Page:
(Los Angeles, CA, USA)
My reasons for doing Birthright Armenia were simple from the beginning: I wanted a year in Armenia so I could drown in the language and read books and travel all over the country and hopefully come out of it with some clarity about whether I should pursue a doctorate degree in comparative literature. I wanted to meet writers and artists, to try my hand at translation, and to watch as many films as possible. I had spent my college years reinterpreting my Armenian heritage as a text rather than a burden on my identity, and decided a deeper, direct foray into the material I had been studying remotely in sunny Los Angeles was necessary. Since the Fulbright didn’t come through, Birthright Armenia was the next way to make it happen. I worked through the summer and fall after college to save up a small nest egg to equal about a year’s worth of drams, packed my bags and flew over. Birthright Armenia was my way of keeping a roof over my head and having a set support system and resources available to me as I built my base for the first time in a foreign country. The first few months in Armenia are challenging, to say the least, and knowing that I could go through the ups and downs of figuring it all out without having to worry about paying rent was an absolute blessing.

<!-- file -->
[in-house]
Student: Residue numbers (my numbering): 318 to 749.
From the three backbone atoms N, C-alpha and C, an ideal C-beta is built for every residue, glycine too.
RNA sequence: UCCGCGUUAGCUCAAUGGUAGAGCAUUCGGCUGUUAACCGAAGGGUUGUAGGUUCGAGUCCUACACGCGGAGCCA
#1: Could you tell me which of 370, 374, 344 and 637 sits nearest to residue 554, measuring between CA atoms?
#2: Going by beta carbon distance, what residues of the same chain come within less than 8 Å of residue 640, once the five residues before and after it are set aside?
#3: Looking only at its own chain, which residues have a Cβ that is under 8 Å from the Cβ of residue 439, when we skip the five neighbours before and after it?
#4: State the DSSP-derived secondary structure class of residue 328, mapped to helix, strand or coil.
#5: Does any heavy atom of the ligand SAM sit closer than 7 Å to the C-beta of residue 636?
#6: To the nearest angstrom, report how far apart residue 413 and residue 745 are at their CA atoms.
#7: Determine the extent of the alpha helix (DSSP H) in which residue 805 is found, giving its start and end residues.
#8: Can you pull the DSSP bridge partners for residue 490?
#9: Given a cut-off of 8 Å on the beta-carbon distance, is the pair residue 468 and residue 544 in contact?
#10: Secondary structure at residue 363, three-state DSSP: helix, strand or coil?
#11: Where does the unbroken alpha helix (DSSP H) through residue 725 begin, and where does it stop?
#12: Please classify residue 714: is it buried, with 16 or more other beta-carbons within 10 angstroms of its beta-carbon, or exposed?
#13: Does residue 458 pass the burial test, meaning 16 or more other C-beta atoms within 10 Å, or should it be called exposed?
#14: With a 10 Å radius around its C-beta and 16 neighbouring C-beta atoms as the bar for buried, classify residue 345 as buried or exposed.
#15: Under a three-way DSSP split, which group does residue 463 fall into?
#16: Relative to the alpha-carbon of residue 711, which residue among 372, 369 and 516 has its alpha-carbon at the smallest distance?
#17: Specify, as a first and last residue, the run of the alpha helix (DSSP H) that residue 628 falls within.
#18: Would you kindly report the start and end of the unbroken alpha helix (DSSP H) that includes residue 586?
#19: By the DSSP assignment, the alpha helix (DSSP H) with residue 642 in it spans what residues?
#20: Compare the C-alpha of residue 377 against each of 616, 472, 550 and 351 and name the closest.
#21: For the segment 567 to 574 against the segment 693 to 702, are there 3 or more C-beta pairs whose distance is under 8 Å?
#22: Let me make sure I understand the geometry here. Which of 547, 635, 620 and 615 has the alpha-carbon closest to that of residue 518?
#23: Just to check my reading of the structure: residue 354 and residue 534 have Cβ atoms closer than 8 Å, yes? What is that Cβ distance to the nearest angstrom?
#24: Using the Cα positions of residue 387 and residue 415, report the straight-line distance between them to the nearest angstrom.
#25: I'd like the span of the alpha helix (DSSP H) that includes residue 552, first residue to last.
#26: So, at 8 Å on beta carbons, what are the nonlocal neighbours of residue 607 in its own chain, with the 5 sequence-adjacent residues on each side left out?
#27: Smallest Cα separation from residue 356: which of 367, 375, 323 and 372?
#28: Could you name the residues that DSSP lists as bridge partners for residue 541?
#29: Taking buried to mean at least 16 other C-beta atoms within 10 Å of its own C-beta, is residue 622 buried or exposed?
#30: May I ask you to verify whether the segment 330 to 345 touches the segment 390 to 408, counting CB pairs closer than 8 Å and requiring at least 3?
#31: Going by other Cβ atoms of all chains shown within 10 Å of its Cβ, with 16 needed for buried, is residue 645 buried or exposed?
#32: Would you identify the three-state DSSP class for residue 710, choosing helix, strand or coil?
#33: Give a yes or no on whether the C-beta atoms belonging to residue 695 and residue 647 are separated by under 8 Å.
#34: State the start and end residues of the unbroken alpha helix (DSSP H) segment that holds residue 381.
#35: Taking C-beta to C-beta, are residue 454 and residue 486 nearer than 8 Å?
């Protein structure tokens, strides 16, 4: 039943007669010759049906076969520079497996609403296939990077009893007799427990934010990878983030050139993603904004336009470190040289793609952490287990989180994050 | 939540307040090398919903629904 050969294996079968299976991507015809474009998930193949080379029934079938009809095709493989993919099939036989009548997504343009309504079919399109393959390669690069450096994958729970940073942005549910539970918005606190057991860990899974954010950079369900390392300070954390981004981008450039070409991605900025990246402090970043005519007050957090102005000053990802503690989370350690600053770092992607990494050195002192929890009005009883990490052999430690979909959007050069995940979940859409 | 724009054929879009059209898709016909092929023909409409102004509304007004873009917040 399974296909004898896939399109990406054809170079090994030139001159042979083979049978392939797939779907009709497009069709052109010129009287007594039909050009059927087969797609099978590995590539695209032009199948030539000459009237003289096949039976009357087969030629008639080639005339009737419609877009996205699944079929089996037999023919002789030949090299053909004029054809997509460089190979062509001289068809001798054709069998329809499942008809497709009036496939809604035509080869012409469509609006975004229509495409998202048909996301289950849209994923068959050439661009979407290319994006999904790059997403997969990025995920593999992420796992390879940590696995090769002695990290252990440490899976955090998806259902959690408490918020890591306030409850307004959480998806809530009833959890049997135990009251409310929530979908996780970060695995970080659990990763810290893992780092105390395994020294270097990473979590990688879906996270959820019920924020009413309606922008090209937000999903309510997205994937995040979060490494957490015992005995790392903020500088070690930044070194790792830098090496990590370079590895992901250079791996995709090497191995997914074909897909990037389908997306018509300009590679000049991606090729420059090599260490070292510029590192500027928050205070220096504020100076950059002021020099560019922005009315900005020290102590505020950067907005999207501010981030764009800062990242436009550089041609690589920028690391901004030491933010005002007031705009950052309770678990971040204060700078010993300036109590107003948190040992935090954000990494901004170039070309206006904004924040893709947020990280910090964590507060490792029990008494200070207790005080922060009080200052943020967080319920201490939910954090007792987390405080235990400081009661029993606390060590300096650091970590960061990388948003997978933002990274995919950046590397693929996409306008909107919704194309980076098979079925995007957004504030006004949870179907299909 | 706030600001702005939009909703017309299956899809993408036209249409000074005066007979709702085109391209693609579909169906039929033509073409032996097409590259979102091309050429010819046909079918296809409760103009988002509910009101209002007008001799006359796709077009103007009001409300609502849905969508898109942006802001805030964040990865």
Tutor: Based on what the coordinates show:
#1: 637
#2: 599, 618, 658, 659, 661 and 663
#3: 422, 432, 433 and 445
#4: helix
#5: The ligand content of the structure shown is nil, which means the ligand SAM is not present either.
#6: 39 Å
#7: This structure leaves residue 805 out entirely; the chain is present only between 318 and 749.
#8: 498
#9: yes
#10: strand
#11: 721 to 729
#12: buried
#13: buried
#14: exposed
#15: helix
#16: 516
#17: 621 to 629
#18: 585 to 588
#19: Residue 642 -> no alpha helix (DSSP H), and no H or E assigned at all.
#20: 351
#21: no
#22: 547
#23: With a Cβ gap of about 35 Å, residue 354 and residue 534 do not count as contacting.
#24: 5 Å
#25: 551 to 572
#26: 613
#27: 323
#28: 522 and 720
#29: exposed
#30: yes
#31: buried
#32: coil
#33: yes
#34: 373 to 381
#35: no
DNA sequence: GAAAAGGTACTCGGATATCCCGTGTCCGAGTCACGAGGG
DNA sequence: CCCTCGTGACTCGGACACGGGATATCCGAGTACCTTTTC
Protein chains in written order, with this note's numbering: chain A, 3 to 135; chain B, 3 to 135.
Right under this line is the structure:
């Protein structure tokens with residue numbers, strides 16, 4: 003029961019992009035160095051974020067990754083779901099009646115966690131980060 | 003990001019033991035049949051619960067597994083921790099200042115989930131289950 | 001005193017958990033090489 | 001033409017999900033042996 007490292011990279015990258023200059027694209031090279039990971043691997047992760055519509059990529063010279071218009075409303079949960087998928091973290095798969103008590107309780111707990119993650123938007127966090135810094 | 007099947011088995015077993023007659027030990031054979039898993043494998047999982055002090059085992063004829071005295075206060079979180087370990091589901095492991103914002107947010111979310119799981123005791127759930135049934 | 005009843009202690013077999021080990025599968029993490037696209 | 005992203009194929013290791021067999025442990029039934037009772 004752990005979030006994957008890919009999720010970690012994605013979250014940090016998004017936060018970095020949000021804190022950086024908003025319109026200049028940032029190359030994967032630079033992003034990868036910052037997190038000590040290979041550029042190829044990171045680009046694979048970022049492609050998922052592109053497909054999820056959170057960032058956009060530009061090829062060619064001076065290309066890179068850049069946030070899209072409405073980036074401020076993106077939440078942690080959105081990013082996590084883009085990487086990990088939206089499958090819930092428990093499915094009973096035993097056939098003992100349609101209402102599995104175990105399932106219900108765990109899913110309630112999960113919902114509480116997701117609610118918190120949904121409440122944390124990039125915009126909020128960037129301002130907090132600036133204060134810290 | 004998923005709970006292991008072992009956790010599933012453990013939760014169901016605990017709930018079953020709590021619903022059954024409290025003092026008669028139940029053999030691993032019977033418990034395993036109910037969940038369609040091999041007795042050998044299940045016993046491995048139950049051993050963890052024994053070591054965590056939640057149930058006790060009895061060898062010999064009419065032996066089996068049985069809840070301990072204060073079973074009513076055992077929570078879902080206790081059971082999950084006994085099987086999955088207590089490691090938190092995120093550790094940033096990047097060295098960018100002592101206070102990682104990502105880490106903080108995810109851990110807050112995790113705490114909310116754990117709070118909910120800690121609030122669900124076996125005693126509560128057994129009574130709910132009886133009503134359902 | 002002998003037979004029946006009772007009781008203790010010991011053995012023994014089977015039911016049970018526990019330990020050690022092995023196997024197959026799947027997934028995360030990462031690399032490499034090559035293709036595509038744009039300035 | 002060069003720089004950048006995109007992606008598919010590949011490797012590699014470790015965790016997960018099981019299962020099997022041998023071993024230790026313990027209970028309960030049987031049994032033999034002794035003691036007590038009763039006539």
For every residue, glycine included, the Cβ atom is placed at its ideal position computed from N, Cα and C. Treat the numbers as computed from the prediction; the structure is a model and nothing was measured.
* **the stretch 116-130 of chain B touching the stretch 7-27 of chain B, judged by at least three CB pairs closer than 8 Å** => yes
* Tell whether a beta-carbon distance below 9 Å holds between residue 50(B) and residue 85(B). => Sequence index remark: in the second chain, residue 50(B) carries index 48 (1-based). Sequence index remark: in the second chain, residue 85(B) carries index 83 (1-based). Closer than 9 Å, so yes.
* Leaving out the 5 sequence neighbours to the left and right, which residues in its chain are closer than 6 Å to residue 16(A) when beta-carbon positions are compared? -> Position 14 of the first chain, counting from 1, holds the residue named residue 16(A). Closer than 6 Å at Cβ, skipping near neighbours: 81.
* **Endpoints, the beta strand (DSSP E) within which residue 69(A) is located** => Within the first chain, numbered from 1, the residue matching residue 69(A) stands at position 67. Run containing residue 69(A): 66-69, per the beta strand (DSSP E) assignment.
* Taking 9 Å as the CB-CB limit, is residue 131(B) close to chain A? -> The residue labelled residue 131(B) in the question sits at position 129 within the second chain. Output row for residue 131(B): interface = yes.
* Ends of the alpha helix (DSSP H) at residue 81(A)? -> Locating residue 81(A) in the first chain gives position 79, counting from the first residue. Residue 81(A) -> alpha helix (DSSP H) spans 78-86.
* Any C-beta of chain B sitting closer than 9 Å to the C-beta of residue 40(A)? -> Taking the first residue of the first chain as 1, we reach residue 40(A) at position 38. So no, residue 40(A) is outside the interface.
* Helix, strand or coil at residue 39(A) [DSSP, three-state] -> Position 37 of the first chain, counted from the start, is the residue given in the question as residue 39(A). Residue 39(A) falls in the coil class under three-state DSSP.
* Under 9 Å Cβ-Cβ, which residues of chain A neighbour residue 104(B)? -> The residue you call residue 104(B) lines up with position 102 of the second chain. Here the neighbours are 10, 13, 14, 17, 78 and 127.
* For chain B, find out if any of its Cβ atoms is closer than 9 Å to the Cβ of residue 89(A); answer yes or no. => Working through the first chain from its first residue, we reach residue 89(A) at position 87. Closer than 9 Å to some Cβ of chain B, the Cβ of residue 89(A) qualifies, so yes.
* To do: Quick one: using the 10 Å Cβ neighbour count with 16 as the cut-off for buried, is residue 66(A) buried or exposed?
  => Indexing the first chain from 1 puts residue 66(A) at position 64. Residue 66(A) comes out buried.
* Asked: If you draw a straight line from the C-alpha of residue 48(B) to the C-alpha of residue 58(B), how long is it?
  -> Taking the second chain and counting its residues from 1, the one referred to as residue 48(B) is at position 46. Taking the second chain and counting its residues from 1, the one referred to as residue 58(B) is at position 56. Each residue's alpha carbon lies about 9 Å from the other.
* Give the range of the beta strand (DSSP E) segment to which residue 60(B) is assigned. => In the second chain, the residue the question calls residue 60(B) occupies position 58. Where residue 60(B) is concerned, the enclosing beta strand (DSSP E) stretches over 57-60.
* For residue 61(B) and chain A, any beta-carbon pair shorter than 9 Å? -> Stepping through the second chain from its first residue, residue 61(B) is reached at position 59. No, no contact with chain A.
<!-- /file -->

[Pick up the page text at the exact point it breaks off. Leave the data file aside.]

That’s it. “Birthright Armenia” isn’t what one should name their time in Armenia, especially when coming here with a clear set of objectives. Birthright Armenia is a means of supporting those objectives, and anyone who expects the organization to mediate or control their understanding of this place is setting themselves up for disappointment. Getting to know a place and its people is an incredibly personal experience, and to not take responsibility for it is a major disservice to one’s self. So if you’re reading this in an attempt to try and decide whether you should “do Birthright” or not, remember that the only thing you’ll be “doing” here is living–and so it’s entirely up to you to make it happen.